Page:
Kids love Lego and it is on lots of Christmas wish lists. 400 billion bricks have been made since 1958 and there are 62 bricks for every person in the world. Currently 36 billion bricks are made each year or 1140 bricks per second. That's a lot of Lego, so what can we do with it all?
Occupational therapists will tell you that Lego is great to develop these skills:
1. Fine motor skills. Playing with Lego will help develop:
- fine motor skills
- hand and finger strength
- bilateral hand movements (using two hands together)
2. Visual perceptual skills. Lego is also great for developing these skills too:
- visual scanning
- visual figure ground perception (finding something against a complex background)
- eye hand coordination
- motor planning
All these skills are important for the development of many important skills including handwriting.
These ideas about how Lego can be used to develop speech and language skills were developed by Michelle Simpson, speech pathologist at Talking Matters:
Lego can be used to help develop:
3. Knowledge of colours. For example: using blue, green, red and yellow blocks.
- Begin with modelling: Sorting your blocks by colour. Tell your child the names of the colours as you sort.
- Next practice understanding: Ask your child to listen and find the colour blocks you say "find all the red blocks"
- Lastly practice naming: Ask your child to name the colours "What colour is this?"
4. Knowledge of concepts. For example: big/small, before/after, and closest/furthest. Work through the steps of modelling, understanding then naming as above.
5. Develop the ability to follow instructions. Ask your child to follow instructions using the blocks. Start simple and build up. For example, “put a yellow block on and then a red block on the board”.
6. Practicing speech sounds. When doing your speech homework, practice sounds and/or words and your child can receive a Lego piece for each attempt.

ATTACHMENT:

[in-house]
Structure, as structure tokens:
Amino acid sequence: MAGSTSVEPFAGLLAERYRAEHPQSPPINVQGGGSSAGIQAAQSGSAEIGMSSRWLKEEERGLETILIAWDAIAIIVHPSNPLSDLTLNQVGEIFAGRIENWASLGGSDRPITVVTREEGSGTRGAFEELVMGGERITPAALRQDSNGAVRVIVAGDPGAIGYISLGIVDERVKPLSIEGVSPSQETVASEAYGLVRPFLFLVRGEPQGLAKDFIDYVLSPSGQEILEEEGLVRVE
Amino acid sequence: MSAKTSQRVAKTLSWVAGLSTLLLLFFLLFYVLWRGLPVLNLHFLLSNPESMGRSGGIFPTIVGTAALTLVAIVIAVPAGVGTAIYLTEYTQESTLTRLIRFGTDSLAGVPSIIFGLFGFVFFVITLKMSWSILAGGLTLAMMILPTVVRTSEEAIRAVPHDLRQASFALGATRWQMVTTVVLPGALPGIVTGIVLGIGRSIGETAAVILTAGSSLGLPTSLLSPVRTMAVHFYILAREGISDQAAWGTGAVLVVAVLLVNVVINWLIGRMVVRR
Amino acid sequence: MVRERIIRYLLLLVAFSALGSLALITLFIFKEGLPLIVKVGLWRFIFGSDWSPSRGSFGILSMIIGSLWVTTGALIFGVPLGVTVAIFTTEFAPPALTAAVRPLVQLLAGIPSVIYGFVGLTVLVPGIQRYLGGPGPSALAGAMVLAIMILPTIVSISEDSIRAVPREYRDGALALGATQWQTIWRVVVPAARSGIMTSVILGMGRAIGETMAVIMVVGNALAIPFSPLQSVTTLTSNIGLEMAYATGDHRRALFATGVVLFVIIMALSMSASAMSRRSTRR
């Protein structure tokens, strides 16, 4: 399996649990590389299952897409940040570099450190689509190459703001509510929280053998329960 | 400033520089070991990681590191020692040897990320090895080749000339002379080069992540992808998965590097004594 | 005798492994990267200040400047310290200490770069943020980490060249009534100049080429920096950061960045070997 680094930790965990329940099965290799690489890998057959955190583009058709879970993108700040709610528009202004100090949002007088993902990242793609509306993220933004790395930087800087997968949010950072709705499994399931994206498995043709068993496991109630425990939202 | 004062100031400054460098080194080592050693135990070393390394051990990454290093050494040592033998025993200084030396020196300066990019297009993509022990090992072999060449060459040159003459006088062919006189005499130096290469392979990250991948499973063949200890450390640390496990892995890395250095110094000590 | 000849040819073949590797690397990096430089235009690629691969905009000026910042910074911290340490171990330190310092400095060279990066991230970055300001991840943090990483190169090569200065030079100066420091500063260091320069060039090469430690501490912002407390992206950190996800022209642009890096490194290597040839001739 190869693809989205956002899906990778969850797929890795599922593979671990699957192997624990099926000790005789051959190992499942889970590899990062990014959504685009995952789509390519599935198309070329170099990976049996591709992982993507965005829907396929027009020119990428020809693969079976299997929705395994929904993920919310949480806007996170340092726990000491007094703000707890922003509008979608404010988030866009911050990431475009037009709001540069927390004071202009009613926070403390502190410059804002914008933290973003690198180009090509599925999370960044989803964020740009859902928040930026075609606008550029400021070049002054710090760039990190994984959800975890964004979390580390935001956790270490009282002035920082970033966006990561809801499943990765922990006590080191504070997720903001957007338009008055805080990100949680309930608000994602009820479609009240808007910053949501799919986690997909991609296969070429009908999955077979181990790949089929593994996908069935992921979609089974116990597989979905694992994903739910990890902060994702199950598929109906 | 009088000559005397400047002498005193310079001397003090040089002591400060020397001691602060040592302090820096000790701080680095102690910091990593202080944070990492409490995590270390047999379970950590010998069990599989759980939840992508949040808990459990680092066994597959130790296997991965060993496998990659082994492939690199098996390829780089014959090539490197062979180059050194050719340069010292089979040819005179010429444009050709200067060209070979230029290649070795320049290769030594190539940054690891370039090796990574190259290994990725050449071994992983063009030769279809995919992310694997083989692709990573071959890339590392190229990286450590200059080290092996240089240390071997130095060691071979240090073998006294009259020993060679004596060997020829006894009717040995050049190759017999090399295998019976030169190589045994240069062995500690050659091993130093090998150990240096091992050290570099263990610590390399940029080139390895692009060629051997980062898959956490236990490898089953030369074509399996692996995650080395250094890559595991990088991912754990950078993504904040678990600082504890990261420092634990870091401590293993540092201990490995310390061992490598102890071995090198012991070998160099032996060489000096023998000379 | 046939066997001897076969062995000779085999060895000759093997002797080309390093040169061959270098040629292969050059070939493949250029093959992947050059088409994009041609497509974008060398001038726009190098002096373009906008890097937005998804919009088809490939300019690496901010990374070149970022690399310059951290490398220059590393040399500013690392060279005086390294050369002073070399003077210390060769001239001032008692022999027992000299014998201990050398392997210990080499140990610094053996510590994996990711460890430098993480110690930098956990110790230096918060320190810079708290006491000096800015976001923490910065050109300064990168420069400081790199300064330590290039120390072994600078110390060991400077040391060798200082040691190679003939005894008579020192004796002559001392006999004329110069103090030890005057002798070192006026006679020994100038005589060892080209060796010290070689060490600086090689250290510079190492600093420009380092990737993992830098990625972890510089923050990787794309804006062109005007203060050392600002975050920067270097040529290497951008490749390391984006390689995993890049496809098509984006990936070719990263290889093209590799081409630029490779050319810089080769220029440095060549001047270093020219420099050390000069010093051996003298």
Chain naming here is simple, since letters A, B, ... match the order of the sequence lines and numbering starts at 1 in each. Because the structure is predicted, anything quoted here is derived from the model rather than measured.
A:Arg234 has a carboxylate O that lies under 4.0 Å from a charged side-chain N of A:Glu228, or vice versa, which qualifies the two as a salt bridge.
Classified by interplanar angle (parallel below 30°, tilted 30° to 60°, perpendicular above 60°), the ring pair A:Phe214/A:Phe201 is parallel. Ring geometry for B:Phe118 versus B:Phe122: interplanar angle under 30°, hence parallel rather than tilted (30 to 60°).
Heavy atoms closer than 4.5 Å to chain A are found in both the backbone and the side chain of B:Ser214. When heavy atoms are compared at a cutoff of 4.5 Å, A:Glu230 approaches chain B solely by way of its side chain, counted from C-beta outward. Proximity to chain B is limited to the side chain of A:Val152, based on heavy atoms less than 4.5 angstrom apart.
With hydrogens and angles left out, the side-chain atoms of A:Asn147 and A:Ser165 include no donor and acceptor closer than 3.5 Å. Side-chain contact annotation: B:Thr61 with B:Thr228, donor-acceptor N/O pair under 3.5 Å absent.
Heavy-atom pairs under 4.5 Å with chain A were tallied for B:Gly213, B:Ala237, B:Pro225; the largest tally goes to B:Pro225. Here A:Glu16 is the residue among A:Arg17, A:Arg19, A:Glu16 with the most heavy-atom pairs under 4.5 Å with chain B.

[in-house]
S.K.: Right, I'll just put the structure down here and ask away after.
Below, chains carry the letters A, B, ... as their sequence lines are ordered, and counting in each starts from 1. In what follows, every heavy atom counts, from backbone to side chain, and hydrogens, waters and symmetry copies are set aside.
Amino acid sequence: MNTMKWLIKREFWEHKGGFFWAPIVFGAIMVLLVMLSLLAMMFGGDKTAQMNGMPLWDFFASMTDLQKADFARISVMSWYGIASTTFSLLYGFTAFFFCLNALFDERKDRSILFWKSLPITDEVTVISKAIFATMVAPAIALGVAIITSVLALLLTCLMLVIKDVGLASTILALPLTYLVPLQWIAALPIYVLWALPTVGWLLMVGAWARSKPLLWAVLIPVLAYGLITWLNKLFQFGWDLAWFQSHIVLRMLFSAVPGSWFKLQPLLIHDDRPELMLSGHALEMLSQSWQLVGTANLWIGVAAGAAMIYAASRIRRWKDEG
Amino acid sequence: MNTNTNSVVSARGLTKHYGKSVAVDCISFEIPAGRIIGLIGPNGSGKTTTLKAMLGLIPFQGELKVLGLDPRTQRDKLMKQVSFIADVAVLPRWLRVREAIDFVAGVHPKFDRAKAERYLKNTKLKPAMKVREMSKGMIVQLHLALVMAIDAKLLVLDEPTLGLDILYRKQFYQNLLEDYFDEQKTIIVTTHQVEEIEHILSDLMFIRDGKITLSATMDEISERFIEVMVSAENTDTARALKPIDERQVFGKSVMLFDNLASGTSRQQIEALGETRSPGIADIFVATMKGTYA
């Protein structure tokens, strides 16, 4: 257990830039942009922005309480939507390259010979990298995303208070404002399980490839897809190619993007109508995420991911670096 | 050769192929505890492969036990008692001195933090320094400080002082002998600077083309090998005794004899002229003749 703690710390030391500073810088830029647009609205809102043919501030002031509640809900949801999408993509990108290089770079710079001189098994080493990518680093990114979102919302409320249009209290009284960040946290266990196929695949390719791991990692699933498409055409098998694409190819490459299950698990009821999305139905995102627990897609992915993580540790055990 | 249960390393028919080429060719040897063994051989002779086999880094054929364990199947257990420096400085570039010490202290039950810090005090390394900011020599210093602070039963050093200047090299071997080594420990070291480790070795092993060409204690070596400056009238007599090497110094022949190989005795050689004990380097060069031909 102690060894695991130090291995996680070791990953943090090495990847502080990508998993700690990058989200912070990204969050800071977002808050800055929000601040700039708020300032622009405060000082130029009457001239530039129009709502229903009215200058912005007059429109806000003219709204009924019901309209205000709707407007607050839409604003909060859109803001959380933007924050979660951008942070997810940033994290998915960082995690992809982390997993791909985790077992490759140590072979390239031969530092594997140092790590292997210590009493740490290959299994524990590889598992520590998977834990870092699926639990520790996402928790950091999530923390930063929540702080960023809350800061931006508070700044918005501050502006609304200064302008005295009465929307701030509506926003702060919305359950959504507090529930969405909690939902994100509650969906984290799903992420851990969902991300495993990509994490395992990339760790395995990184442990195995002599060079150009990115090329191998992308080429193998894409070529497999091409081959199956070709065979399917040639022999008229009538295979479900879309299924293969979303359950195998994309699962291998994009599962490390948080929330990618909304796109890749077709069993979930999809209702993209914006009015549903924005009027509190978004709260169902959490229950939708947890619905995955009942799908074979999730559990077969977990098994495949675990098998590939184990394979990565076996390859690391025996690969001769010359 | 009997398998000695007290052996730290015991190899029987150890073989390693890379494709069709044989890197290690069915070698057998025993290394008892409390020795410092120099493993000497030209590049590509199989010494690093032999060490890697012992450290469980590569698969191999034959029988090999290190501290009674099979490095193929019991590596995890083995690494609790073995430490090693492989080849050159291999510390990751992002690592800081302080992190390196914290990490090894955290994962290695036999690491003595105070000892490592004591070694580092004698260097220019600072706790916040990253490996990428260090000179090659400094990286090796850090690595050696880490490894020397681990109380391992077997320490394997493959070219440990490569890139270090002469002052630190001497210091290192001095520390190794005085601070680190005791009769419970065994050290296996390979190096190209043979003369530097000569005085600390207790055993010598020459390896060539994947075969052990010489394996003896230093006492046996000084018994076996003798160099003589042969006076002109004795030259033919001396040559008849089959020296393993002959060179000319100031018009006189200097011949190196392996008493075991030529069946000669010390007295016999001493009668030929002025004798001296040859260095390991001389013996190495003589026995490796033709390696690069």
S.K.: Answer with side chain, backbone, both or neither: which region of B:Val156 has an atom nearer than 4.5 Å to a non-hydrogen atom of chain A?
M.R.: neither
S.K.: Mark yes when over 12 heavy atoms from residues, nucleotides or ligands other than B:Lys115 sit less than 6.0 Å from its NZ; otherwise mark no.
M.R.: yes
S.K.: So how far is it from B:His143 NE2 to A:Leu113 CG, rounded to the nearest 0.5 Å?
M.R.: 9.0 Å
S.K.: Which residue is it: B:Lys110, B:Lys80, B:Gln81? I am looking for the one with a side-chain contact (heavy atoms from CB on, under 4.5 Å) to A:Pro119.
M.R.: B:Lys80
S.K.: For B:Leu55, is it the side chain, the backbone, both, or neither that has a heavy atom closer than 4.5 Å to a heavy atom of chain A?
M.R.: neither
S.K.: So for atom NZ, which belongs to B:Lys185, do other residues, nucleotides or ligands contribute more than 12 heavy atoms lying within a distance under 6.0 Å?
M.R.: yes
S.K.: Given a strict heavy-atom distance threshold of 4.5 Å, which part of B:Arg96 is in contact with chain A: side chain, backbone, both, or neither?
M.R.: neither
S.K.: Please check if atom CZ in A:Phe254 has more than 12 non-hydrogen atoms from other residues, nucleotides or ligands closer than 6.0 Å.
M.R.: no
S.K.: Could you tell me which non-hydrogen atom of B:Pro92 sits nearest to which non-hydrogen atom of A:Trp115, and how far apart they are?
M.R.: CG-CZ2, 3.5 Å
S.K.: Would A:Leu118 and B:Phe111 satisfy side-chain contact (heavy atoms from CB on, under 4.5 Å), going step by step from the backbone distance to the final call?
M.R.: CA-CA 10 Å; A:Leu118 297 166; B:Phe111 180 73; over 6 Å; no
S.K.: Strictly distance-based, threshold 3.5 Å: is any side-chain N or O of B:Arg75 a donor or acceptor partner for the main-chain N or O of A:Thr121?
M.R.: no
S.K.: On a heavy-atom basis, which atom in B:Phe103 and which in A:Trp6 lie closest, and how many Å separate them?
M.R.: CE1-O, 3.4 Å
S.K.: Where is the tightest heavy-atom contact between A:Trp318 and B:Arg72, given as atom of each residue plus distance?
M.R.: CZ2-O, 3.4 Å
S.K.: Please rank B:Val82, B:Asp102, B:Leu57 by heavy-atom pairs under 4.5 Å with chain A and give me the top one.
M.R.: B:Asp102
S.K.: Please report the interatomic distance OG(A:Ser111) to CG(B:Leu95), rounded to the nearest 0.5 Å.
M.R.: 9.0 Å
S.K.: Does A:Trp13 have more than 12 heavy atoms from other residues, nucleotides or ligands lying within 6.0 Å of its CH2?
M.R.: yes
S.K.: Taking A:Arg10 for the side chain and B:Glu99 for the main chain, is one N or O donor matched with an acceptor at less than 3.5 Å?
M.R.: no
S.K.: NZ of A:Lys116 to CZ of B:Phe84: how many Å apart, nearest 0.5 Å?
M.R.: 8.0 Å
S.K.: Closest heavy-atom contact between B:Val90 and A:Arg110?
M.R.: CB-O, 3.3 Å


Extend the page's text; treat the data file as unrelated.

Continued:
7. Talking in longer sentences. If your child is working on using three word sentences each time they want a piece of Lego, ask them to say or copy three words such as ‘blue block please’. When they move on add an extra word 'big, blue block please’.
8. Turn taking and sharing skills. Taking it in turns to add a Lego piece to create something together. This post has more ideas about helping young children learn to take turns.
9. Auditory memory skills. You can practice giving your child instructions to listen and follow. For example, if the child is asked ‘pick up the red, blue, green and yellow block’, there is a focus on remembering the order in order to follow the instruction. Start easy and gradually make the instructions longer or add some concept words.
10. Social skills. At Talking Matters some of our therapists have been using Lego to develop social skills for kids on the autism spectrum. The children have been practicing:
- turn taking
- responding to requests
- giving instructions
- using descriptive language
- developing theory of mind
- being patient and accepting of others
All this can be targeted with two or more) kids, a box of Lego and some simple instructions. One child holds the instructions and tells the other what blocks to find and how to put them together. Once the building is done, they can swap roles.
Feeling inspired but need some simple Lego patterns to get your kids started? Pop over to our Lego Pinterest page for loads of simple Lego patterns and ideas, and even some special Christmas ones.
Talking Matters provides speech pathology and occupational therapy for children of all ages. If you would like to work with our great team in our bright, child-friendly, therapy space at Elizabeth Downs find out more about Talking Matters and by checking our website or calling our office on (08) 8255 7137. There are also lots of great activity ideas on the Talking Matters Pinterest page. To keep up to date with new tips and ideas follow us on Facebook, Twitter, LinkedIn and Instagram.
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